Welcome / Invitation
The 2018 Organising Committee is pleased to open invitations for you to attend the 49th Australian Entomological Society AGM and Scientific Conference. The conference will be held at the Alice Springs Convention Centre in Alice Springs, Northern Territory, from Sunday 23rd to Wednesday 26th September, 2018.
We invite you to join us in the beautiful Red Centre (almost precisely the geographical centre of Australia). Alice Springs is a place full of character, colourful outback culture and breathtaking scenery. The dry Todd River snakes its way through the centre of this iconic outback town (population: 28,000), the majestic East and West MacDonnell Ranges surround it. Sunset over these rugged ranges will remain in your memories forever!
This year the conference theme is insects as the centre of our world. With this theme we are encouraging you to focus on the importance of insects to our natural ecosystems, agribusiness, health and land management whilst also appreciating the cultural, ecological and entomological character of central Australia. Our symposia will reflect this aim by including topics with a local focus (including desert ecology, entomophagy) in addition to presentations on recent entomological advances.
This area of Australia, known by the local name of Mparntwe, is part of the territory of the Arrernte people and is connected with the caterpillar dreaming. The yeperenye caterpillar (Hyles livornicoides, Lepidoptera: Sphingidae) is a major creative ancestor of Alice Springs and it is this caterpillar that we have chosen for our conference logo. The yeperenye caterpillar is amongst the most sacred and important of all Arrernte totems. These caterpillar ancestors came from many different places and travelled widely across central Australia. Groups of caterpillars travelled from amperrknge (Central Mt Stuart) in the north, urlatherrke (Mt Zeil) in the west, atula to the east and apwetele on the Finke River to the south, converging at Mparntwe. The spectacular mountain range formations to the west of Mparntwe represent some of these travelling caterpillars. We thank the Araluen Cultural Precinct www.araluenartscentre.nt.gov.au for the cultural information above and we encourage you to take the opportunity to visit the centre and view the large yeperenye sculpture.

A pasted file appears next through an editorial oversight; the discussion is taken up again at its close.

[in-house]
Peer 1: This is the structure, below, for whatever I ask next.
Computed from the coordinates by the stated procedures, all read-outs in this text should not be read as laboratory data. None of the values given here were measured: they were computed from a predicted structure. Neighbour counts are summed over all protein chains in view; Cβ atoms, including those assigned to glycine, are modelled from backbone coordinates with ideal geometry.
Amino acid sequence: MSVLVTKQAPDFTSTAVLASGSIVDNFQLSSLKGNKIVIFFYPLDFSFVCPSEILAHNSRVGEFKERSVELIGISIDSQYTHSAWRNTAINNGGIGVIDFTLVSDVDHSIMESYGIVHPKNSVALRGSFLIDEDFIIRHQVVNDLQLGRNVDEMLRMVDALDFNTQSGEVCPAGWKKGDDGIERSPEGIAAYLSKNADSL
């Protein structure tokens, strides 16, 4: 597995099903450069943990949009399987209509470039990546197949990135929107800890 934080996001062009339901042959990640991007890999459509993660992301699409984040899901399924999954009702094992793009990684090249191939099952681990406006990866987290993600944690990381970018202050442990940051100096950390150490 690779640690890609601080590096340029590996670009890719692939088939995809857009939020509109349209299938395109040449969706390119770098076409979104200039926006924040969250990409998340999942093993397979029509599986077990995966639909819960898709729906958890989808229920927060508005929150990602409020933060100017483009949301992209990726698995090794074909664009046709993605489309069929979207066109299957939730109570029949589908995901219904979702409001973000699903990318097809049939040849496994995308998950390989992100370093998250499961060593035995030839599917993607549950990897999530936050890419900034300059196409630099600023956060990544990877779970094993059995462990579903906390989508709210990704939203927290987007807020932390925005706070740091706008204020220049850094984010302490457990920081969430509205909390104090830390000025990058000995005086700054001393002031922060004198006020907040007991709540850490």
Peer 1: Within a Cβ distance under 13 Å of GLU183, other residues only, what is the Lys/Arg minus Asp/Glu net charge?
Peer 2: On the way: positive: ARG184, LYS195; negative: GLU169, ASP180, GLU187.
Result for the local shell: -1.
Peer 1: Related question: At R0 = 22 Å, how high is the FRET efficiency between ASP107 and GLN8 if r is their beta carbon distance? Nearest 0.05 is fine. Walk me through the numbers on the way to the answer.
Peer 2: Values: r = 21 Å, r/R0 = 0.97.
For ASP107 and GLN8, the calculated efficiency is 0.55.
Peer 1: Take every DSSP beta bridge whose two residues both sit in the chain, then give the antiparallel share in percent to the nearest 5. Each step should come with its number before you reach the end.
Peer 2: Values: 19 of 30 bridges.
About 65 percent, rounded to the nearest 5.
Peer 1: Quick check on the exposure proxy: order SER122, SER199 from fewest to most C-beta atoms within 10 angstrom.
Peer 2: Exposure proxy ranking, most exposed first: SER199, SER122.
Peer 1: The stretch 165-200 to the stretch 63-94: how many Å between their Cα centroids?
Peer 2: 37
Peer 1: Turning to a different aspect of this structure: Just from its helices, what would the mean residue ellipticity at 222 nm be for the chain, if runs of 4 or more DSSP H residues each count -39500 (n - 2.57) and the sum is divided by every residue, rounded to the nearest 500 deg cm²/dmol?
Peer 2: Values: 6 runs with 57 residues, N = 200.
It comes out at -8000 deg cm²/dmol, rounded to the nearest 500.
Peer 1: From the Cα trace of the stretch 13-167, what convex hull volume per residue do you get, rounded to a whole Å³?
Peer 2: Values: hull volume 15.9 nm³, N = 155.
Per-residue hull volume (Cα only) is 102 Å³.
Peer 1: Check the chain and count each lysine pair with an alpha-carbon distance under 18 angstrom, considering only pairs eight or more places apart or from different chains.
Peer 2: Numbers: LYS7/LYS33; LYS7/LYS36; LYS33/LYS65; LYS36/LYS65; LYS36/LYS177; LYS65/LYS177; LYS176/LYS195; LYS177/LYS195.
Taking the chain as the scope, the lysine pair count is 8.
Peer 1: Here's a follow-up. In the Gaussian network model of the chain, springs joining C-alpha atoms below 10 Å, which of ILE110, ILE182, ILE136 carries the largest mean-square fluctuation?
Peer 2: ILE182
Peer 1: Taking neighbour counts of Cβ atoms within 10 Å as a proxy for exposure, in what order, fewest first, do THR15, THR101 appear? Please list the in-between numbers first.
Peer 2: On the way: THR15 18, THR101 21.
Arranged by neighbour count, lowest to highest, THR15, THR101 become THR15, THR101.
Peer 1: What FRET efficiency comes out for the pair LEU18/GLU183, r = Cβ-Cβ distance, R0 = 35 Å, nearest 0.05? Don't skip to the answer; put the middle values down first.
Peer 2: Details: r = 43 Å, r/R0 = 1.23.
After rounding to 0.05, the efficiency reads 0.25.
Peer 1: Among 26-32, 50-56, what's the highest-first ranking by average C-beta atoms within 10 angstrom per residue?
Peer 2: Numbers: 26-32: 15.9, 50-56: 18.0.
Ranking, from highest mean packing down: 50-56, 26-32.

Opportunities to experience the uniqueness of the Red Centre will not be far away during your visit to Alice Springs. Within town, there are numerous centres showcasing the cultural, historical and natural aspects of the Red Centre, such as the Alice Springs Desert Park www.alicespringsdesertpark.com.au. For those who want to get up close and personal with the desert landscape, there are many choices such as Tjoritja / West Macdonnell National Park and many privately run tours are on offer around the region. For those who are interested in visiting the world famous Uluru, we recommend booking trips through Outback Tour Services www.outbacktourservices.com.au.
On behalf of the 2018 Organising Committee, we welcome you to Alice Springs to enjoy a diverse entomological program in a truly unique location.
Mary Finlay-Doney & Brian Thistleton
Bringing people together from different states and countries to one location for a conference can have a big environmental impact. Key contributors include greenhouse gas emissions produced from travel, water use associated with accommodation, waste disposal from food catering, and paper waste generated from conference proceedings. While some of these are difficult to avoid, this year we’d like to mitigate the environmental impact of the conference where we can – and you can help us! In your conference welcome pack you’ll receive a USB stick containing the full conference handbook including abstracts and speaker schedule. Water can be saved by reducing dishes and paper saved by minimising printing.
We encourage you to ‘think green’ and reduce your environmental footprint in other ways too by travelling together where practical, managing your conference schedule electronically, bringing a re-usable water bottle and declining daily room service.
Think globally, act locally.